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Make time for tradition....

After a year that has thrown up many challenges around the world, we have found ourselves reflecting, appreciating quality time with loved ones and trying to catch a breath amidst the ‘on-demand’ digital rush that is today’s society.

In this diary entry we are honouring traditions. We all have them or adopt the traditions of others. Some are comical and fun, some trigger emotion and tears, some bring people together and ignite a sense of community. These special traditions may have been passed down the generations and spark happy memories with those you care about, they might help to amplify voices and campaign for a cause, or they might be traditions that give you a little moment of calm to contemplate life as we know it.

We want to make time for these traditions, in whatever form they take, not just this Christmas but always! We want to share our traditions with those we care about. It is sometimes too easy to let the stresses of life take over and that is when these important traditions might not always get the attention they deserve. So we want to give our Tartan Rebels the permission to slow down (just as we slow down the processes in our mill) to take note of the moments of magic that are happening on a day to day. Treasure those traditions that have been passed down to you as they have a legacy and need your care and attention to keep them alive (just like our 20th century shuttle looms). You really can make these days with your family and friends count (just as we do with every thread in our Prickly Thistle weaves).

We asked you to share your traditions with us and we were really touched by the sentiment behind these. From Christmas trees adorned with special ornaments to hanging handmade fabric pinecones that were created by a loved one that is no longer with us. Thank you for giving us a glimpse of your traditions.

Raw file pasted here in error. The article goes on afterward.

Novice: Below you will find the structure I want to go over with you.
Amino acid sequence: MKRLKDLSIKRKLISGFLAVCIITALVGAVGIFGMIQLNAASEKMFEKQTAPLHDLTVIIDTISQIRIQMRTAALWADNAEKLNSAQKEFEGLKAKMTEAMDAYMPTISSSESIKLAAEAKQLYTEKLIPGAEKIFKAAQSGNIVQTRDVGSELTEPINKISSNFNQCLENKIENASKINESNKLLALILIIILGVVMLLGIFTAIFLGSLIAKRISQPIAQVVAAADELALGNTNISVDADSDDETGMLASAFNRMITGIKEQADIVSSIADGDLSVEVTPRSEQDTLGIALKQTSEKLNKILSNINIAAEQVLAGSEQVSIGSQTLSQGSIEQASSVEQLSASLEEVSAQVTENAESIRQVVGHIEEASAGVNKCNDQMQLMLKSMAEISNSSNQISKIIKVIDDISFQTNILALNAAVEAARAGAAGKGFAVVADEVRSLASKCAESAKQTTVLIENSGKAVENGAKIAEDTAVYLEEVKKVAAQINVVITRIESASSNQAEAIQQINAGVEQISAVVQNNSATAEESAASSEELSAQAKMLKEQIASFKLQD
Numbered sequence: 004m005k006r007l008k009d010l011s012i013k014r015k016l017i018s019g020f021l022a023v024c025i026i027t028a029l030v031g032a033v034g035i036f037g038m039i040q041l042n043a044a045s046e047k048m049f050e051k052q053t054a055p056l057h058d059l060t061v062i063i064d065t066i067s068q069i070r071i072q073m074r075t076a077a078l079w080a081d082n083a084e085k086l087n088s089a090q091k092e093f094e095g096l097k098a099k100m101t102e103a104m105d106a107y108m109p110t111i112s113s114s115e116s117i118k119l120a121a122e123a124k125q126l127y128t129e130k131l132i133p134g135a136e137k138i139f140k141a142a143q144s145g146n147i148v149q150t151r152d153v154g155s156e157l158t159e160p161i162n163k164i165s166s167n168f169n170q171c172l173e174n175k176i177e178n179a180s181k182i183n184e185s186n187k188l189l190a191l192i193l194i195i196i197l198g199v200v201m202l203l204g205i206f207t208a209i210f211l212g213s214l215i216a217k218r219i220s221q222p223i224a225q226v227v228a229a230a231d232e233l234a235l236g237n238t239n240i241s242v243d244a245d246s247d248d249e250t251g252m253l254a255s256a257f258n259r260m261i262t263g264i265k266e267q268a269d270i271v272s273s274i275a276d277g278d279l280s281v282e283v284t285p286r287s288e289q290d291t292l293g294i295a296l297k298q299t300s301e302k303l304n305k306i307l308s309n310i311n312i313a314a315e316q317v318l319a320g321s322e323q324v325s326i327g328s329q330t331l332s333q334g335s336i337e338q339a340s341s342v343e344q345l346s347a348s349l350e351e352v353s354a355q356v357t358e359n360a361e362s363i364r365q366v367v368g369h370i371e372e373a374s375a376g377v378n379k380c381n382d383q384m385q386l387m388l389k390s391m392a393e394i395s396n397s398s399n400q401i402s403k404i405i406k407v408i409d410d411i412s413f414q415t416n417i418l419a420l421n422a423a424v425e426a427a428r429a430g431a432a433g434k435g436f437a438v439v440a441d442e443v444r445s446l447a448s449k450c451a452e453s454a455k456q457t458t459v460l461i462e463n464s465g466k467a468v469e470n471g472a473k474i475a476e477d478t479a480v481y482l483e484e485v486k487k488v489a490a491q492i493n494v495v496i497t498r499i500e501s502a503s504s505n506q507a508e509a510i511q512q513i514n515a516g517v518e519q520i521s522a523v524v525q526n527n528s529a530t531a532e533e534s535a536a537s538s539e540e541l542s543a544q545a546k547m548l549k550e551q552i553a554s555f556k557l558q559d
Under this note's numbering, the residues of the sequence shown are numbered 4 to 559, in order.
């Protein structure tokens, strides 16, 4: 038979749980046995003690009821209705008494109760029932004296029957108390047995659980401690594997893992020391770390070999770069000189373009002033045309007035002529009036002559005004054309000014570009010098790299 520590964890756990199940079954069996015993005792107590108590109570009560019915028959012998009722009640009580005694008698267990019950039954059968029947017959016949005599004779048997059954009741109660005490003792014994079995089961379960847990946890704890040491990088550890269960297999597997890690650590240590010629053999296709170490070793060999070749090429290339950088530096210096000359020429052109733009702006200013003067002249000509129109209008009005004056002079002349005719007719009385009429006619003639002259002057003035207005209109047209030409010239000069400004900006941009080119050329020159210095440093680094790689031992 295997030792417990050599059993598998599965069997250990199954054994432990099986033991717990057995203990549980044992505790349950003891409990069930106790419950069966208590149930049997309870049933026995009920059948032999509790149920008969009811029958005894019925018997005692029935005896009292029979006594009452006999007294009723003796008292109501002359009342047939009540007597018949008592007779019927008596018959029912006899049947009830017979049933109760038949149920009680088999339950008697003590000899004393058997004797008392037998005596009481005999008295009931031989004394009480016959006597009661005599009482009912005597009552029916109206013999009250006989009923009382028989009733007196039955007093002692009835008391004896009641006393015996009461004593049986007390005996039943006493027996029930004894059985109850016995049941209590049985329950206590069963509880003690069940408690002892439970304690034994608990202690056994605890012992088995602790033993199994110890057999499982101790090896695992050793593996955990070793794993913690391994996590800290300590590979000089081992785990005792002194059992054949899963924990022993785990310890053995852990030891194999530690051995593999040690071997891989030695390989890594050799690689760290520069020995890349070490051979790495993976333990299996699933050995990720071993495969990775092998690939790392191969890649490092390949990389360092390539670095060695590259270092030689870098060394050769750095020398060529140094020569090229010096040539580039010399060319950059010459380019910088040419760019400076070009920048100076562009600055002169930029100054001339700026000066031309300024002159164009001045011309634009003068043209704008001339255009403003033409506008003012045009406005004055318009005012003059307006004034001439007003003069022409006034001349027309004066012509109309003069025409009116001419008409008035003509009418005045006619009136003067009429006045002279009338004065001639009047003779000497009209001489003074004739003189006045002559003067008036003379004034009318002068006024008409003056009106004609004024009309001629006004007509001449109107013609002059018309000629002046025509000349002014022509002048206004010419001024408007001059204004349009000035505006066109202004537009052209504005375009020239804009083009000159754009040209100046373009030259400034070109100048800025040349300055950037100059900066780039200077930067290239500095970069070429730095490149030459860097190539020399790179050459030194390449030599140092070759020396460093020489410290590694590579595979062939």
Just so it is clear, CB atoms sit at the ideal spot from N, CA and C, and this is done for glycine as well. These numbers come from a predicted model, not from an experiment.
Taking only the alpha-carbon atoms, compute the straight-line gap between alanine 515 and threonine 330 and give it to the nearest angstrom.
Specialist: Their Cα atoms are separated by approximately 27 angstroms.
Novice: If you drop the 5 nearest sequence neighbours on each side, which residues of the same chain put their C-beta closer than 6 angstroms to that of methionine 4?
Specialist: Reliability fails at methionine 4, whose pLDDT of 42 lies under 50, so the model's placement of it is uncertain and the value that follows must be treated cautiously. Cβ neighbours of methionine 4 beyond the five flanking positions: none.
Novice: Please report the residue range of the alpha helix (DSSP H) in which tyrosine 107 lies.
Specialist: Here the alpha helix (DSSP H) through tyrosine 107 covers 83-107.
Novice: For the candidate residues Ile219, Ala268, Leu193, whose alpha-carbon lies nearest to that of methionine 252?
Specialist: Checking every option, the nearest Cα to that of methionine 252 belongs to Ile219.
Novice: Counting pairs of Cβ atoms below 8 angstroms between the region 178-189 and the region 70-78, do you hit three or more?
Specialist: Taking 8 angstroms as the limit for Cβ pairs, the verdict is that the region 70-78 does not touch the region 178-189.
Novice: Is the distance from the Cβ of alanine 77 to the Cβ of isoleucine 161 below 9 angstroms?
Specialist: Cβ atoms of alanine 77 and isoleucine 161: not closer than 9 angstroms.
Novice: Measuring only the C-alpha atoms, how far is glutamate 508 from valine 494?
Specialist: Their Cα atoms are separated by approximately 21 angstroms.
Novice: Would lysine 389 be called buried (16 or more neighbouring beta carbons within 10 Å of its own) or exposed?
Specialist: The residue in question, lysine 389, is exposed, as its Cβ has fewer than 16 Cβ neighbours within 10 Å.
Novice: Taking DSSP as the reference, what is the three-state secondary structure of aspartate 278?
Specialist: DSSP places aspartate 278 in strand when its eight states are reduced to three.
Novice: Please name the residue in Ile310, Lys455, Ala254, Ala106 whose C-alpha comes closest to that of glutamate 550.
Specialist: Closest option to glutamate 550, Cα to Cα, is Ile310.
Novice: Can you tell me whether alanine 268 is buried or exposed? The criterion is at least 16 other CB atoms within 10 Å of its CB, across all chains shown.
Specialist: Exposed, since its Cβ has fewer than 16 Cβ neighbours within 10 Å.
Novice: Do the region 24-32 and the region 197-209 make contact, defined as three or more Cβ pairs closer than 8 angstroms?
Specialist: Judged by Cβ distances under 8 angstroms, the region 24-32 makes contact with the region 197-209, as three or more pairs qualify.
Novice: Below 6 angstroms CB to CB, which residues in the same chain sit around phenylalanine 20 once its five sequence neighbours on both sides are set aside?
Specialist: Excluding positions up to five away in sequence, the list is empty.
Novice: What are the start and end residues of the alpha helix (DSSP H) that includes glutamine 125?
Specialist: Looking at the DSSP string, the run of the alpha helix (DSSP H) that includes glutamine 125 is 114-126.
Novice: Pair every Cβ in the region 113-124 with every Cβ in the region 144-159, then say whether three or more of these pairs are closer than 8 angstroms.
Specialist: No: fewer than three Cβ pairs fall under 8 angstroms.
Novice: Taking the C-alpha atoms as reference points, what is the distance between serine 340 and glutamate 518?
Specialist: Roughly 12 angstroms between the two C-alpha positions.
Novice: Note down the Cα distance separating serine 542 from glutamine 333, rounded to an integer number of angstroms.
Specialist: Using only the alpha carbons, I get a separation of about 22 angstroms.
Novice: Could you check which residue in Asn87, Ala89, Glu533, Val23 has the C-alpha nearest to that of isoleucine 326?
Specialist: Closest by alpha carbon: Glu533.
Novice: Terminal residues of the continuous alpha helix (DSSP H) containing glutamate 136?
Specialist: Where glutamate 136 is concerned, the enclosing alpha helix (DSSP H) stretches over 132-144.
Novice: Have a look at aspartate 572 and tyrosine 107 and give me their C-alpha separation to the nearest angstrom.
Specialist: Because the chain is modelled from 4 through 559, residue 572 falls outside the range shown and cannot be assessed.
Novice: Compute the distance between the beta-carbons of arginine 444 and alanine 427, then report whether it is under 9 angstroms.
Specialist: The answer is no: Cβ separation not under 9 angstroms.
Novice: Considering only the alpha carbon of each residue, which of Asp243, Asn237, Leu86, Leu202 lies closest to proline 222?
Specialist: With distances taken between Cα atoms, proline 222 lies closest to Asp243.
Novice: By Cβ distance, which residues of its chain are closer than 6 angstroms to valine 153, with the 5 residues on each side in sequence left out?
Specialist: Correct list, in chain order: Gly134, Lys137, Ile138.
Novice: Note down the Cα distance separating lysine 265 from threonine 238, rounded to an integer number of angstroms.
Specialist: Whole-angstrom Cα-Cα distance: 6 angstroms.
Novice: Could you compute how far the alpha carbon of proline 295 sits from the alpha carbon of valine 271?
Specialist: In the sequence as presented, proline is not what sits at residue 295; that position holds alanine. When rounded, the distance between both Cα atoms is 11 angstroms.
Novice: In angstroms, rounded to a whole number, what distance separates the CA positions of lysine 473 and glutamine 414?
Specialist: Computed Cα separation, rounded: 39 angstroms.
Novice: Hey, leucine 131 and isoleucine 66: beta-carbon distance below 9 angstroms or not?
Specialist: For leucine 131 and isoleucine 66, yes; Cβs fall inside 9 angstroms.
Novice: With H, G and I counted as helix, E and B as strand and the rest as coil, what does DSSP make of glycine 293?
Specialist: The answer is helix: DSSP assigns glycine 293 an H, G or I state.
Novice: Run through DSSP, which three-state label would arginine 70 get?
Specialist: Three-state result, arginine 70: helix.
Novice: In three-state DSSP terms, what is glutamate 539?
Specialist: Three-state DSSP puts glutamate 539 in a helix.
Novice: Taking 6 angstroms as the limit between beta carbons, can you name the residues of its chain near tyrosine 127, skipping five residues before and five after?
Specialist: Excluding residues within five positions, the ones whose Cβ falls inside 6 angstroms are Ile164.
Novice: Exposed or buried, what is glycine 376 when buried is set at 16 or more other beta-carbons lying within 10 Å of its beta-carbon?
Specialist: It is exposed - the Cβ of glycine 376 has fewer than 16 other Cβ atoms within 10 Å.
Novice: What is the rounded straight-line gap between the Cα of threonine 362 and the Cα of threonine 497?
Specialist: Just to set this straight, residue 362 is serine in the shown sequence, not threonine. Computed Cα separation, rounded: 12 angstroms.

In our family we have an all-year-round secret tradition we created when our children were very little. It’s a handshake that only we know. We’d told the kids that if we ever sent someone else to pick them up from school they’d have to ask the person to do the secret hand code, if the stranger knew the code then it was safe and well. Now it’s a tradition! so when everyone else does the ‘traditional high five’, we have our version.  Now that they are teenagers, they still want to do to the secret code and have fun getting on to us when we forget. This is something that carries no monetary value at all, but it fills our hearts every time and we hope our children will do the same secret code with theirs.

Many of these traditions will live on, beyond our time. They are so much more precious than what’s under the Christmas tree. We have an important job to look after them while they are in our hands and do our bit to pass them on to the next generation.

2020 must be remembered for something positive. So let's do it Rebels. Be the change! Share your traditions and festive moments with us...

What will they say in 200 years?

4 comments

  • We have a tradition in our house, we never, ever leave the house without telling one another “I love you.” and if possible a hug and a kiss.
    If you have to interrupt someone, if you have to wake someone up, you just never leave without them knowing they are loved, because you just never know.
    Our son will be 27 next week, he is a graduate student working on his doctorate degree, teaching, starting his own business, about to be married, a very busy young man. He has chosen to quarantine with us, his parents, and every time, without fail, that he has to leave the house, there is always an “I love you”. We have noticed he has brought this tradition to his wife-to-be and her family.